David Miliband’s decision to step down from “front-line” politics says nothing about his relationship with his brother, nor about their political differences.
But it does speak volumes about the state of political journalism.
That one of the best minds in modern politics feels he cannot be part of a much needed and effective opposition, simply because the meedja are unable to present a political story without resorting to soap-opera tactics of narrative is massively ridiculous.
Annoyingly though, he’s right.
With no sense of irony or self-awareness, BBC News this evening cut from him talking about coverage becoming distracted by something easier to present than politics, they cut to his exchange with Harriet Harmon.
It’s a sad day indeed when we are deprived of someone who shaped Government for a decade, simply because Laura Kuennesberg is so facile she can’t get past the idea of a family feud. That the two brothers worked for opposing wings of the party throughout their careers doesn’t occur to her, because until now they weren’t on her radar. She had more important things to cover – like the feud between Tony and Gordon.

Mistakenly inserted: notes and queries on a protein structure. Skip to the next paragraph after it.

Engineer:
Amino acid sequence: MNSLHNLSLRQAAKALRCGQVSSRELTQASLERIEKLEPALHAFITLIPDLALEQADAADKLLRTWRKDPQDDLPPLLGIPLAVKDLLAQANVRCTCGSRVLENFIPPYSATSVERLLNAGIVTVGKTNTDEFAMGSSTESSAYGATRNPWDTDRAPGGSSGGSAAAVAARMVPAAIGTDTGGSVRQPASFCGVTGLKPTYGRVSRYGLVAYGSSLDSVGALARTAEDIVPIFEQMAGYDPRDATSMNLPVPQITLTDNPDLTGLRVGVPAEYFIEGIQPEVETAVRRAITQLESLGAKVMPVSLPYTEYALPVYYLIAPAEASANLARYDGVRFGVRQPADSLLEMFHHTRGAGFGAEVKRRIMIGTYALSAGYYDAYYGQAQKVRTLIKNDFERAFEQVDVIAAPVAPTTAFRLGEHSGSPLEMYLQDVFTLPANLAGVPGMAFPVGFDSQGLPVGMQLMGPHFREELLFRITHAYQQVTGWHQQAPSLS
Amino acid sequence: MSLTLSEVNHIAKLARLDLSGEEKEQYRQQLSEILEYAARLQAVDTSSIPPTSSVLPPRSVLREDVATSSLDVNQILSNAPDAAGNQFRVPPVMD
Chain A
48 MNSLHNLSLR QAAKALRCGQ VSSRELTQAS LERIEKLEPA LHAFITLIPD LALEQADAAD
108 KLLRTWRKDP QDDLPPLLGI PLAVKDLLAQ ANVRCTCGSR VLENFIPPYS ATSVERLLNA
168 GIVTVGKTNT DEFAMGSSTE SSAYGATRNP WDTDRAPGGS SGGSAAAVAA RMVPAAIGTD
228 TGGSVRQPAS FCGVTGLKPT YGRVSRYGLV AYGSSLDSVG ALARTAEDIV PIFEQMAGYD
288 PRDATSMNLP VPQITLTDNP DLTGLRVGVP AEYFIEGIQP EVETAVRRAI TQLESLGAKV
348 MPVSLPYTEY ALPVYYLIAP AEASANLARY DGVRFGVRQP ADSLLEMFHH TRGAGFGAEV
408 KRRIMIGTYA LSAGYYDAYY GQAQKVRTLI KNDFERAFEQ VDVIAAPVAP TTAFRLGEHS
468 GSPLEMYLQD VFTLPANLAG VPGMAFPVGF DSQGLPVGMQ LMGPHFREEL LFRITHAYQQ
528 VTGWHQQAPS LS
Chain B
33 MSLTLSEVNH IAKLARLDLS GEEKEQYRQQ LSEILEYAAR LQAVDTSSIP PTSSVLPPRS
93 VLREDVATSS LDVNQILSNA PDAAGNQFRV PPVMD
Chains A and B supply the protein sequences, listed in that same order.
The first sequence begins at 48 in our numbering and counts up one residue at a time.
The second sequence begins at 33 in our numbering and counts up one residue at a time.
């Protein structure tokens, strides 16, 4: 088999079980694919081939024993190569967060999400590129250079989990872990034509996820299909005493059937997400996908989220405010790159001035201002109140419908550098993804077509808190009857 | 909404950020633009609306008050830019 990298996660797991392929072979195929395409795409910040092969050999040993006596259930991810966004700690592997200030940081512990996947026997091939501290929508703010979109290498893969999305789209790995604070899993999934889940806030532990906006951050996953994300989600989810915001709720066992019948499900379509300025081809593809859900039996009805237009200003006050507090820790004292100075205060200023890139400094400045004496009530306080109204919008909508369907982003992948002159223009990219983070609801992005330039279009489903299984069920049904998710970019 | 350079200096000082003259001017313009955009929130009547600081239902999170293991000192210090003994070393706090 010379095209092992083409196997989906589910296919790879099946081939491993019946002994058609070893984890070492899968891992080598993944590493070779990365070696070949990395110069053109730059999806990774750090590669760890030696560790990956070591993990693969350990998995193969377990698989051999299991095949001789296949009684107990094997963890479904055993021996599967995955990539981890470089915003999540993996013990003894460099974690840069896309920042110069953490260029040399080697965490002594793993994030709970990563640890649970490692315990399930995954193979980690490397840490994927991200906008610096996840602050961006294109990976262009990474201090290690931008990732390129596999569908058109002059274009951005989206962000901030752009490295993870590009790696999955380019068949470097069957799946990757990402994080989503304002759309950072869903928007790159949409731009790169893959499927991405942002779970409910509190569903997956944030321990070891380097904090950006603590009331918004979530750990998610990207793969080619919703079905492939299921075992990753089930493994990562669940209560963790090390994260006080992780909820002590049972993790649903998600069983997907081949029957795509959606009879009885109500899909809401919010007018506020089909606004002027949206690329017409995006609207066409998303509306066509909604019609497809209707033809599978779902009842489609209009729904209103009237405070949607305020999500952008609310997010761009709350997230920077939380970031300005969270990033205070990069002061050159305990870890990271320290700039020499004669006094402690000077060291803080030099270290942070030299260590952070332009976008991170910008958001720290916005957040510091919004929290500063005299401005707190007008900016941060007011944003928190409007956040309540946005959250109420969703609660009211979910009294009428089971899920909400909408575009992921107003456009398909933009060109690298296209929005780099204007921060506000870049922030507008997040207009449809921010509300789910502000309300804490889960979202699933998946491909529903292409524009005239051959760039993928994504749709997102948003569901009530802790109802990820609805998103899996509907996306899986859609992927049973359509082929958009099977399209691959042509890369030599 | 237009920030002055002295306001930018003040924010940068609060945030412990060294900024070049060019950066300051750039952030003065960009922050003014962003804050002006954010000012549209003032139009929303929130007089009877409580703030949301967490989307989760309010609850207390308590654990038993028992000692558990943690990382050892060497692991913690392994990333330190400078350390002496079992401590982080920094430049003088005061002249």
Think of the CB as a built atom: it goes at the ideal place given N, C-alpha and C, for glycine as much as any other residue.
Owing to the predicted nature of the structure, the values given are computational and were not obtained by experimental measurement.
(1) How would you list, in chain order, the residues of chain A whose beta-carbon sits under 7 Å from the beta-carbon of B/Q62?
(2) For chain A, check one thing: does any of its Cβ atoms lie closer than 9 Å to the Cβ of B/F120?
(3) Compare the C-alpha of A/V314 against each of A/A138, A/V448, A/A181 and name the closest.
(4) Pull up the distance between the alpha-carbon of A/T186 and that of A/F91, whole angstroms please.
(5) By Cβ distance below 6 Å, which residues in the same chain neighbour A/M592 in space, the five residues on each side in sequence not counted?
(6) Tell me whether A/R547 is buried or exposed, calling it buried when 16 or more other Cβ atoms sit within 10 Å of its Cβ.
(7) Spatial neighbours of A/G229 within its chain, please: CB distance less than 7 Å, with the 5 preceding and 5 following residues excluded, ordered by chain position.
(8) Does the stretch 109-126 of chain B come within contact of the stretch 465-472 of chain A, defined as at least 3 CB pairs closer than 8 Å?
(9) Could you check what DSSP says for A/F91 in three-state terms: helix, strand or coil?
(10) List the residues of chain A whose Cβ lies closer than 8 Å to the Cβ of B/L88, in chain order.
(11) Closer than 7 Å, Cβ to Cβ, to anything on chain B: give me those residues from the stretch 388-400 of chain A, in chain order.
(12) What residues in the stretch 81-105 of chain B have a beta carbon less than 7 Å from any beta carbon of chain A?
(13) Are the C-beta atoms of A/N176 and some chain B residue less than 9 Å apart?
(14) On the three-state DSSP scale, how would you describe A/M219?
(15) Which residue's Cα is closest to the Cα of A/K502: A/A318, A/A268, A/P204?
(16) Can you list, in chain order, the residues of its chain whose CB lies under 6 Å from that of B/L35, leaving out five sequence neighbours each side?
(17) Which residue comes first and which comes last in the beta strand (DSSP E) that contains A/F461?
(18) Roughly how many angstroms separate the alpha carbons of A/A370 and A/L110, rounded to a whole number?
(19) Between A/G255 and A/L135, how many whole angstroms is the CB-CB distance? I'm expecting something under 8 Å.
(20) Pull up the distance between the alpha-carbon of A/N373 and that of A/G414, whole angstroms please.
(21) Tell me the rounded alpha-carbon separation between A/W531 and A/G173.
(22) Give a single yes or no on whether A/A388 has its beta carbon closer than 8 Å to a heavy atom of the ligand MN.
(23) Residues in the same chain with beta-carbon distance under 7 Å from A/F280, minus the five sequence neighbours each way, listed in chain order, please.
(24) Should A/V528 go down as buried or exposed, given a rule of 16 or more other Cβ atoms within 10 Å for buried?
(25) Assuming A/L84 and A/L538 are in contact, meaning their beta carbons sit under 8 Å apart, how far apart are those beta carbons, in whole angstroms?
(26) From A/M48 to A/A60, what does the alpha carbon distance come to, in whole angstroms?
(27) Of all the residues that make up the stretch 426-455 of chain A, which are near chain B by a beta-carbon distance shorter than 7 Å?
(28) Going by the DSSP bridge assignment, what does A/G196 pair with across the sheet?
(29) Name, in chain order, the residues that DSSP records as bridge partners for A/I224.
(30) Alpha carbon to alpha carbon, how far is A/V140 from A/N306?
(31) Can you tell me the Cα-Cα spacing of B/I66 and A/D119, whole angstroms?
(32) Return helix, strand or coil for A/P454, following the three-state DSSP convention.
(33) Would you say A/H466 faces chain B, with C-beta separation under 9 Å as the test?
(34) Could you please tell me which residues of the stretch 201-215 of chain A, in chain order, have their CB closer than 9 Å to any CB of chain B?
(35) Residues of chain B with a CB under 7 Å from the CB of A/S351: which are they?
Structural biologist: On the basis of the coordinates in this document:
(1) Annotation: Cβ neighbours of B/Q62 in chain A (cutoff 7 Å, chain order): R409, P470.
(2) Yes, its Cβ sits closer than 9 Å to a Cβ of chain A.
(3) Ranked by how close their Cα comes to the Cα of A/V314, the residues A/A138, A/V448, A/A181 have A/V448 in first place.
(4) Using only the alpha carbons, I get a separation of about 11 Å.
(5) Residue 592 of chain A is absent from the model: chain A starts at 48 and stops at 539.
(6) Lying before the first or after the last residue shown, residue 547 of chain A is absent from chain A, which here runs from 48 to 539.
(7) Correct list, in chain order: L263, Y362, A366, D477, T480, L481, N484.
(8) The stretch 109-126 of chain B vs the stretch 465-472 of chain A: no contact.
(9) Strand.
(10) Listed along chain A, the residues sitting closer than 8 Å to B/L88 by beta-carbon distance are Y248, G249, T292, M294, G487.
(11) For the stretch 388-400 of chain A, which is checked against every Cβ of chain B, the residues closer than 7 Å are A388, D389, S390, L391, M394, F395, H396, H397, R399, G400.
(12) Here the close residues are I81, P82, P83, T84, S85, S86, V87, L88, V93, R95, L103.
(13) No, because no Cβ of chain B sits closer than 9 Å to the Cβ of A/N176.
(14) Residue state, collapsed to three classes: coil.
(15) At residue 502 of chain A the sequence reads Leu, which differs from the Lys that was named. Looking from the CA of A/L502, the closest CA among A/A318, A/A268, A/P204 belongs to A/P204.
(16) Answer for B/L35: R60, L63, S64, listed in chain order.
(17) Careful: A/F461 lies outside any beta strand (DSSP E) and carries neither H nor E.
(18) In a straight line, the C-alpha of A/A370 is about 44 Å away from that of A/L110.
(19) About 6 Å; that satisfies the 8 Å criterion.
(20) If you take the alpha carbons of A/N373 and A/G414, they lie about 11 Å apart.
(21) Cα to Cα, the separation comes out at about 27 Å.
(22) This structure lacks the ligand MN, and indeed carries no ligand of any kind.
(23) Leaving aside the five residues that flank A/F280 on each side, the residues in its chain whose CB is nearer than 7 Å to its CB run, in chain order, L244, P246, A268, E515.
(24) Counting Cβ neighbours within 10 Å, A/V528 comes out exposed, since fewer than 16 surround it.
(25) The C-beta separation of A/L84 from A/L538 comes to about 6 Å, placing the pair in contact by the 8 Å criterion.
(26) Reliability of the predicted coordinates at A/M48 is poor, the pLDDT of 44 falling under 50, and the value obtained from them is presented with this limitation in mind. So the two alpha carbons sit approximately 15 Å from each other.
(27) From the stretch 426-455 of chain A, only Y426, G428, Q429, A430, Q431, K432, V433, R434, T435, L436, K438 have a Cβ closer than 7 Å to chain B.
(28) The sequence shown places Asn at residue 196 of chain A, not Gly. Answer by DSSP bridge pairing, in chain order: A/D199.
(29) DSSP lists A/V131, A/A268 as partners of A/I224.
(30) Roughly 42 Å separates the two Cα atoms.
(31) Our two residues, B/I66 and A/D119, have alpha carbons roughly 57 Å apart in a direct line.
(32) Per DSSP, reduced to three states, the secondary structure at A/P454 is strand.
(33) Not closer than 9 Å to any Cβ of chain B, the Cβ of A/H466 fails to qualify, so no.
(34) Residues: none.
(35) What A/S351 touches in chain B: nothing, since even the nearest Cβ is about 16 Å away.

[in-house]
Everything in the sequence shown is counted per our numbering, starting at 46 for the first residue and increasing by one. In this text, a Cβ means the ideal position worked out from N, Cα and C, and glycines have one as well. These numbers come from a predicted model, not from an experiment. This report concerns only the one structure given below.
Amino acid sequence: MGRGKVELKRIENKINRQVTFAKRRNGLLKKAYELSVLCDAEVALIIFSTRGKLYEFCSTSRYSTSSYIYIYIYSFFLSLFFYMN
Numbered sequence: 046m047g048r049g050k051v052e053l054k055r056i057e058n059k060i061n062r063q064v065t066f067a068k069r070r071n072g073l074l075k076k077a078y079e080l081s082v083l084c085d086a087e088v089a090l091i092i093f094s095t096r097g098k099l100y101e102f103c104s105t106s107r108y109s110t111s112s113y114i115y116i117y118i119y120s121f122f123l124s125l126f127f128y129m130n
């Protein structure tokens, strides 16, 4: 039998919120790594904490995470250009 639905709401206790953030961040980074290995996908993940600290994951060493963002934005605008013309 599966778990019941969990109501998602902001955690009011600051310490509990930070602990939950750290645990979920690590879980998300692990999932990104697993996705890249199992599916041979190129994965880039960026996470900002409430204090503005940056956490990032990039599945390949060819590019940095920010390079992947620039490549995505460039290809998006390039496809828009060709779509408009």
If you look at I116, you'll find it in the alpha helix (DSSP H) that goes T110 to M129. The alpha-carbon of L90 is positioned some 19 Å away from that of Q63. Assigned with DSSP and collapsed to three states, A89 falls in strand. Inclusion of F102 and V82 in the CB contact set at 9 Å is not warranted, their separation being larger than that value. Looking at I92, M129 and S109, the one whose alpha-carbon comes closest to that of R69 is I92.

The embodiment of this vacuous journalism is of course Nick Robinson. He seems much more interested in getting his own face on camera than asking a pertinent question, or presenting a nuanced policy. Witness his interview with David Miliband this evening, in which his own head took up more of the screen than his subject.
I’m as guilty as the next person of drawing simplistic conclusions about politicians. Indeed, I can’t get past the fact that Ed Miliband sounds like a bowl of washing up; but is it too much to ask that the coverage of a party conference involve some of the politics and policies, and not just the psycho-drama fantasies of frustrated soap writers?
What’s more, the fact that David’s decision to slip away from the front-benches is seen by these reporters as some kind of resignation from real politics is remarkable. If it doesn’t go on within a few yards of their Westminster studio, it doesn’t count. Constituency politics is the backbone of British democracy, but the way they tell it, he’s off to dig his garden.
Tell me he doesn’t sound like a bowl of washing up …